This week one of my friends asked me how I freeze and unfreeze my home made bread, she got a bit more adventures now during these pandemic times and I realize many people is baking bread for the first time now, so some tips might be useful for many people. Since I was a kid I watched and helped my mom making bread, she used to make 5 or 6 loaves at a time and we froze them as a whole. We were a big family and a new bread didn’t last long enough to get dry. Her bread was delicious, usually made using white flour, milk and eggs. I started making breads from scratch as soon as I moved on my own but I could never eat a whole bread before it gets dry, so I always freeze. Now a days my everyday bread uses whole wheat and seeds or grains, so I had to also learn a few new tricks. Today I want to share a few tips on how to finish and freeze your bread so you can enjoy in the rush or laziness of every morning.
It’s ok to refrigerate the dough and use another day!
Sometimes I don’t bake my bread on the same day. If I’m busy or if it’s too late, after my dough grew at room temperature, I store it on the fridge and bake the next morning. Some recipes (the ones with no eggs or milk) you can refrigerate for longer, two or even three days, but there is the risk your yeast will lose strength. So I make one day and bake usually on the same day or next. For my everyday bread I prefer to use a metal bake sheet so I can have more regular slices for my breakfast. I make bread in other shapes when I want something different for the weekends.
Because the dough is still a bit cold I let it sit for around one hour until it doubles the size and looks nice and full.
Keeping the seeds on top of the bread
The secret for keeping those oats on the bread is to brush a mix of water and cornstarch before adding your toppings. This is valid for most breads with seeds on top. It works as glue and make the crust a bit more crunchy. (I use this mix for most whole wheat/seeds bread. For breads like brioche or breads with milk and eggs in the dough, the best topping is usually egg wash). Simply make your cornstarch mix and brush after the bread grew. Apply your seeds or oats and then make the cut on the top. The cut is there to help your bread open in that direction instead of crack on the sides, but not all recipes require that and if you forget it’s fine too.
Why use a drying rack for bread?
After baking I immediately take it out of the baking pan and place on a “drying rack”. I don’t have one now, I sold mine together with all my cooking gadgets before moving to Canada. So I’m using a dish in this picture, this way the bread can breathe and won’t get soggy underneath. The drying rack it’s much better because it distributes the weight of the bread and keeps its shape.
Bread crust won’t let you dry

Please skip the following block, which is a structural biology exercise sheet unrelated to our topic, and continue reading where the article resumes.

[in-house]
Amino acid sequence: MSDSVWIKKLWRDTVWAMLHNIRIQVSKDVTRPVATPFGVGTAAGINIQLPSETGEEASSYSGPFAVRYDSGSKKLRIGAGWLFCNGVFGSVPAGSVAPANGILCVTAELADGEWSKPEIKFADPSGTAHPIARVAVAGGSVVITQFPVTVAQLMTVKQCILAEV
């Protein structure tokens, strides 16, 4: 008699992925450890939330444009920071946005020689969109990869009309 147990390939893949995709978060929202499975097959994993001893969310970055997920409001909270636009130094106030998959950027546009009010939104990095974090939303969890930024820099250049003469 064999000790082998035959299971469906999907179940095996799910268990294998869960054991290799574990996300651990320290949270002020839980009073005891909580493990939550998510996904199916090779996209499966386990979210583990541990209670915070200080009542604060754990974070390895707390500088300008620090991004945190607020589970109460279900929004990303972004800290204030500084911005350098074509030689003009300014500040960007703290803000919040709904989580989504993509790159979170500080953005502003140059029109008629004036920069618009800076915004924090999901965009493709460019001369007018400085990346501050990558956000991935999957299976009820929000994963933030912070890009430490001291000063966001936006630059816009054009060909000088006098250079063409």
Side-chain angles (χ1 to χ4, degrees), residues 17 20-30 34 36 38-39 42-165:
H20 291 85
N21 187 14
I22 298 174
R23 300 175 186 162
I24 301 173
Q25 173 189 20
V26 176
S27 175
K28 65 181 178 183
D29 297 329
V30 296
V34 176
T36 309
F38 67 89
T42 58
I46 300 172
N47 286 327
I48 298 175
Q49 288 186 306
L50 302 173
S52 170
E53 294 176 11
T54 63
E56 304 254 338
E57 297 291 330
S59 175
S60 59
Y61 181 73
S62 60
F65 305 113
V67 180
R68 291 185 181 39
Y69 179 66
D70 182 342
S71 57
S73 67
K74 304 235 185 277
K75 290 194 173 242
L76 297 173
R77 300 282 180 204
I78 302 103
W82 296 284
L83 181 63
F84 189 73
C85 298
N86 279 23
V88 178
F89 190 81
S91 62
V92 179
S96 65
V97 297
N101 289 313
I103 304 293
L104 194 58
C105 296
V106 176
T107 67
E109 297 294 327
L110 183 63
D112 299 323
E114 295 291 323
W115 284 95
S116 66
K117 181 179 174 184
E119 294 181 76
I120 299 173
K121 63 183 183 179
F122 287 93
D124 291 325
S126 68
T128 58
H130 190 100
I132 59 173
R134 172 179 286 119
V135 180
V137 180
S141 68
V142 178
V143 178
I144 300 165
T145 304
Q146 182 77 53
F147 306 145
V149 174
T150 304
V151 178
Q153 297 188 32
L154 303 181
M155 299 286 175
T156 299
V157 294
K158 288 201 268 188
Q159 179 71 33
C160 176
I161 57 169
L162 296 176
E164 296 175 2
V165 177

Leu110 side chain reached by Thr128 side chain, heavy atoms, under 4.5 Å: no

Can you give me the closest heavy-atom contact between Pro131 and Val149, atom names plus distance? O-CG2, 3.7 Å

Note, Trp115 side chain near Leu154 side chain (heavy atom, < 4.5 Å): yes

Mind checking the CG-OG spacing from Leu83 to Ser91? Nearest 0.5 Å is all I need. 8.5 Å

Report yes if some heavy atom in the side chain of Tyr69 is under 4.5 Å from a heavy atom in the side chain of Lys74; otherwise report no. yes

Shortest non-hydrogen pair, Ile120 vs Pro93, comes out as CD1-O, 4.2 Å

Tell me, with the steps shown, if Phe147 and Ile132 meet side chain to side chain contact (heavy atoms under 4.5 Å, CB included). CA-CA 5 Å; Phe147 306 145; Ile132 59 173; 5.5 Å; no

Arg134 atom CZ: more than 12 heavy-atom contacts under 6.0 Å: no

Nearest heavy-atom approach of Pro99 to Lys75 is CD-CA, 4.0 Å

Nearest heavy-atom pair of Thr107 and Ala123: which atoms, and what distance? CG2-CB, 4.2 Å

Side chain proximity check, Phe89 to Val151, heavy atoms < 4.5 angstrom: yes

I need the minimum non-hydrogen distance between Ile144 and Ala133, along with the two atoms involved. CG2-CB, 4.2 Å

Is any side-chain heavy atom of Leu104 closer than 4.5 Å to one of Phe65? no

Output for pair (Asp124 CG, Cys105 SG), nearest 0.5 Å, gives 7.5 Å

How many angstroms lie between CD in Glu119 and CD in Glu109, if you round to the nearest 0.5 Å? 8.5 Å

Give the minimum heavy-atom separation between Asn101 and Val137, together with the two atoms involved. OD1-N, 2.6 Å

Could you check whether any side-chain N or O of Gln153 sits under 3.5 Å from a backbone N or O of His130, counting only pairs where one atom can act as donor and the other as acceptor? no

If you are going to eat the bread immediately, don’t let the middle be exposed to the air. Keep the bread “standing up” so it won’t get dry. Even if you leave your loaf outside for one day it usually will be all right as long as the middle is not “open” to the air. If I have visits I know we will eat the bread in just 2 days, so I don’t freeze, I simply keep in this position on a plate and cover with an upside down loose plastic or paper bag (just to avoid dust).
Get your slices from the middle
Now if I’m freezing I wait until it’s totally cold and slice the whole bread. You should wait until it’s cold for 2 reasons: first because slicing a hot bread it will make a huge mess and it will crumble all over. And second because you will loose way more water and your bread will get super dry later. Use a serrated bread knife, if you don’t have one, buy one so you can slice it properly. A table knife will cut irregular slices and make a mess, a kitchen knife will smash your crust and make you angry.
If you want to eat a slice right now or any time later, always take it from the middle and keep the both ends of the bread. The crust will protect your bread from getting dry, so keep the crust around as long as you can.
Keep the slices together and avoid extra air
My breads are small and I usually keep them in a large zip lock bag. If I make a very large bread, I reuse a bag from my last store bought bread. While packaging, keep the slices together and make the whole as compact as you can. Take as much air from the bag as possible, you don’t want to open a bag full of ice crystals. Never ever freeze a hot bread, because the water vapor will become ice and your bread will lose the original texture. Find space on your freezer to keep your bread nice together and with a good shape. That’s it! Every morning take out a slice from the middle and put directly on a toaster for a few seconds and voila! Fresh bread with amazing texture every morning!
I hope you enjoyed these tips and you are having an amazing time baking! I believe the quarantine times are getting to the end for most of us, but some new habits are here to stay. Thanks for reading!